My Mondays are currently such that I’m out and about a lot, away from the computer and other forms of media, but even I knew that Chris Brown had released a public apology, although I didn’t get to view it until this morning. Not only has a little piece of my soul died as a result of viewing it at TMZ’s website, but I’m unimpressed and unsurprised.
Back when this story first broke, “Chris” did a guest post for us. You might want to read it again. You’ll find at least when it comes to fauxpologizing, he’s a man of his word. Technically, he did apologize, using the words “I’m sorry,” but he didn’t make it clear what he was apologizing for (to wit: beating the shit out of the woman he claimed to love). Instead he used the phrase “what occurred in February” (which was when he beat the shit out of the woman he claimed to love). He said he was disappointed and saddened about “the situation” (which, lest we forget, was beating the shit out of the woman he claimed to love). He mentioned his mother and spiritual teachers several times, too, and spoke of his determination to be worthy of the title “role model” (presumably by refraining from beating the shit out of the women he claims to love).
And this was his good, months-in-the-making apology.
You might guess that we Harpies are unsympathetic. You would be right. As BeckySharper wrote in email late last night: “eat shit and die, Chris.” I can’t know what’s really going on in his head. I’m sure he feels bad (poor lamb!); abusers do. For a while. But it got me wondering about whether men who beat their partners can ever really redeem themselves–not by pro forma apologizing, but by genuinely changing their behavior through therapy, anger management, whatever it takes. My super-quick query on DV recidivism points to studies indicating that between 41 and 44% of offenders become violent again within a 2 to 2-1/2 year period. So, statistically anyway, some–even most–men can go on to have violence-free relationships. Or at least relationships that don’t result in police intervention.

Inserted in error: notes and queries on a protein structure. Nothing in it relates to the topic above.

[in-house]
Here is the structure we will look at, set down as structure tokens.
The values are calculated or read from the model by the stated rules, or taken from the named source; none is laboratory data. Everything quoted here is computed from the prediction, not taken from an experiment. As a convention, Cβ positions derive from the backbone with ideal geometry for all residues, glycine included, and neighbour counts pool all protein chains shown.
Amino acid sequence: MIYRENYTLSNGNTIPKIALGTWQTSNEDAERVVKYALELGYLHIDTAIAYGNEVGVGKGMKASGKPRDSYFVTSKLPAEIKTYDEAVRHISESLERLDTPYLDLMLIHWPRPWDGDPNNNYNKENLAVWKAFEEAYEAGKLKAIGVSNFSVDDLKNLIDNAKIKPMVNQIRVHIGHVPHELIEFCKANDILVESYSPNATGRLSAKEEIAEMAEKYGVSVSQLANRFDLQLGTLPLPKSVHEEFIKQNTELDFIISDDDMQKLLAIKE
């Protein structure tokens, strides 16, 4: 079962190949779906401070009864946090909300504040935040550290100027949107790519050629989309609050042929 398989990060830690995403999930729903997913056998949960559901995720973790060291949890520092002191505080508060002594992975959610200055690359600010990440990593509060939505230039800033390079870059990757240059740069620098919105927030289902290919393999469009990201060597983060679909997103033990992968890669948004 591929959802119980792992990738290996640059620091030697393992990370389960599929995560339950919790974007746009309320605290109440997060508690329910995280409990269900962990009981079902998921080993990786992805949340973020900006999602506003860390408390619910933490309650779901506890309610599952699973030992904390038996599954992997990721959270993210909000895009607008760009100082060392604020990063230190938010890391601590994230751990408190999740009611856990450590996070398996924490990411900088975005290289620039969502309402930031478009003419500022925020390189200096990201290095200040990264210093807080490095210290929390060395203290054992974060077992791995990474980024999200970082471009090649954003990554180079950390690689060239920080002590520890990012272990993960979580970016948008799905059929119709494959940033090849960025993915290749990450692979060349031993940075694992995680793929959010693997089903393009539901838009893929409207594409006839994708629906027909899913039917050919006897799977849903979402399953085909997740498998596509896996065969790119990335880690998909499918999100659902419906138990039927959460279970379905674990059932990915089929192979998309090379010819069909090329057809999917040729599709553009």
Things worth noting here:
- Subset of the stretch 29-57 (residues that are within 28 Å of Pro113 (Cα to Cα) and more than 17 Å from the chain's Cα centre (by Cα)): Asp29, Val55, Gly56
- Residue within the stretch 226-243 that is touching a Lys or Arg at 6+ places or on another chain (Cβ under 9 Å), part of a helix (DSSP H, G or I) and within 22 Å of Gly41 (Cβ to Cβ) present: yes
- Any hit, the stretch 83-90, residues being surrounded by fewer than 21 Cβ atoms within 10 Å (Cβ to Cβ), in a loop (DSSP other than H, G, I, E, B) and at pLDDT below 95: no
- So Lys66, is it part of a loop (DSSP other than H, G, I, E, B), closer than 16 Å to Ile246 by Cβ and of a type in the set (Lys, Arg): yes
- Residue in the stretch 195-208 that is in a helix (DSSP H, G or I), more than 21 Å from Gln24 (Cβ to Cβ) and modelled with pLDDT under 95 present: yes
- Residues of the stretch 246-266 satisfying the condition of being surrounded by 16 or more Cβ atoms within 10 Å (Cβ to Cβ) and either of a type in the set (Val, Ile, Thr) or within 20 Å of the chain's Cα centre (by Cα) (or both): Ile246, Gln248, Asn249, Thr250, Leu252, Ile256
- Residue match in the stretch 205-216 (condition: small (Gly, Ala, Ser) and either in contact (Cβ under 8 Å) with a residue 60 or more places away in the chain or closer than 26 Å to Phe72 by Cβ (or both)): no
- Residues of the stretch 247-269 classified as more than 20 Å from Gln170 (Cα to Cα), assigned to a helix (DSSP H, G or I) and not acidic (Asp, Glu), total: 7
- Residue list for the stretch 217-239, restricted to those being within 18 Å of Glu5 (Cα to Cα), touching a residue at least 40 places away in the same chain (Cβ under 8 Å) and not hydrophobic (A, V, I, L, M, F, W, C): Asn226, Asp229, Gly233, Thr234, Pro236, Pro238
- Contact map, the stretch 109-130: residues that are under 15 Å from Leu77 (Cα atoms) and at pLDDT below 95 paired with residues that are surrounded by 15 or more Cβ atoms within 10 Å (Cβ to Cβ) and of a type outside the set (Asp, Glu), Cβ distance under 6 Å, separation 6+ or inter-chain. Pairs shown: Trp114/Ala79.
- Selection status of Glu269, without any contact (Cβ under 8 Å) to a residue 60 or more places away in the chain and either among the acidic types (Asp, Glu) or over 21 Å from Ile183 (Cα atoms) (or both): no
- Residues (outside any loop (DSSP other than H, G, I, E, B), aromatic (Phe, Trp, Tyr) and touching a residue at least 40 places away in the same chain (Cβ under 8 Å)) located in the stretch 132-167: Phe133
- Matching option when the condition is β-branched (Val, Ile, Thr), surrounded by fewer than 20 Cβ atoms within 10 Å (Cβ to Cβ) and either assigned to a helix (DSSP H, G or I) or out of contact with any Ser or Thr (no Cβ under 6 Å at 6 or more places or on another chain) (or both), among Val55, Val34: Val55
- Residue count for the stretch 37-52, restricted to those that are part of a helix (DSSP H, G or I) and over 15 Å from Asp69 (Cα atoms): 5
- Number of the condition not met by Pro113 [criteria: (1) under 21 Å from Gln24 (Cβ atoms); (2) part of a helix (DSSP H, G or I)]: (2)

My experience with relationship violence is limited to a high school boyfriend, who, in the heat of an argument, raised his arm as if to backhand me, only to stop when I asked, half in fear, half in scorn: “oh, you’re gonna hit me now?” That relationship ended that night, and is long in the past, but I still occasionally wonder about that situation, and his subsequent relationships.
I want Chris Brown to legally “pay” for his crimes, sure. But more than that, I want him to never ever ever raise his hand to a woman again. How can we assure that? Do you think an abuser is always an abuser? Can a man be abusive in one relationship, but a mature, non-violent adult in another? Would you get involved with a man if you knew, or thought, he had a violent history?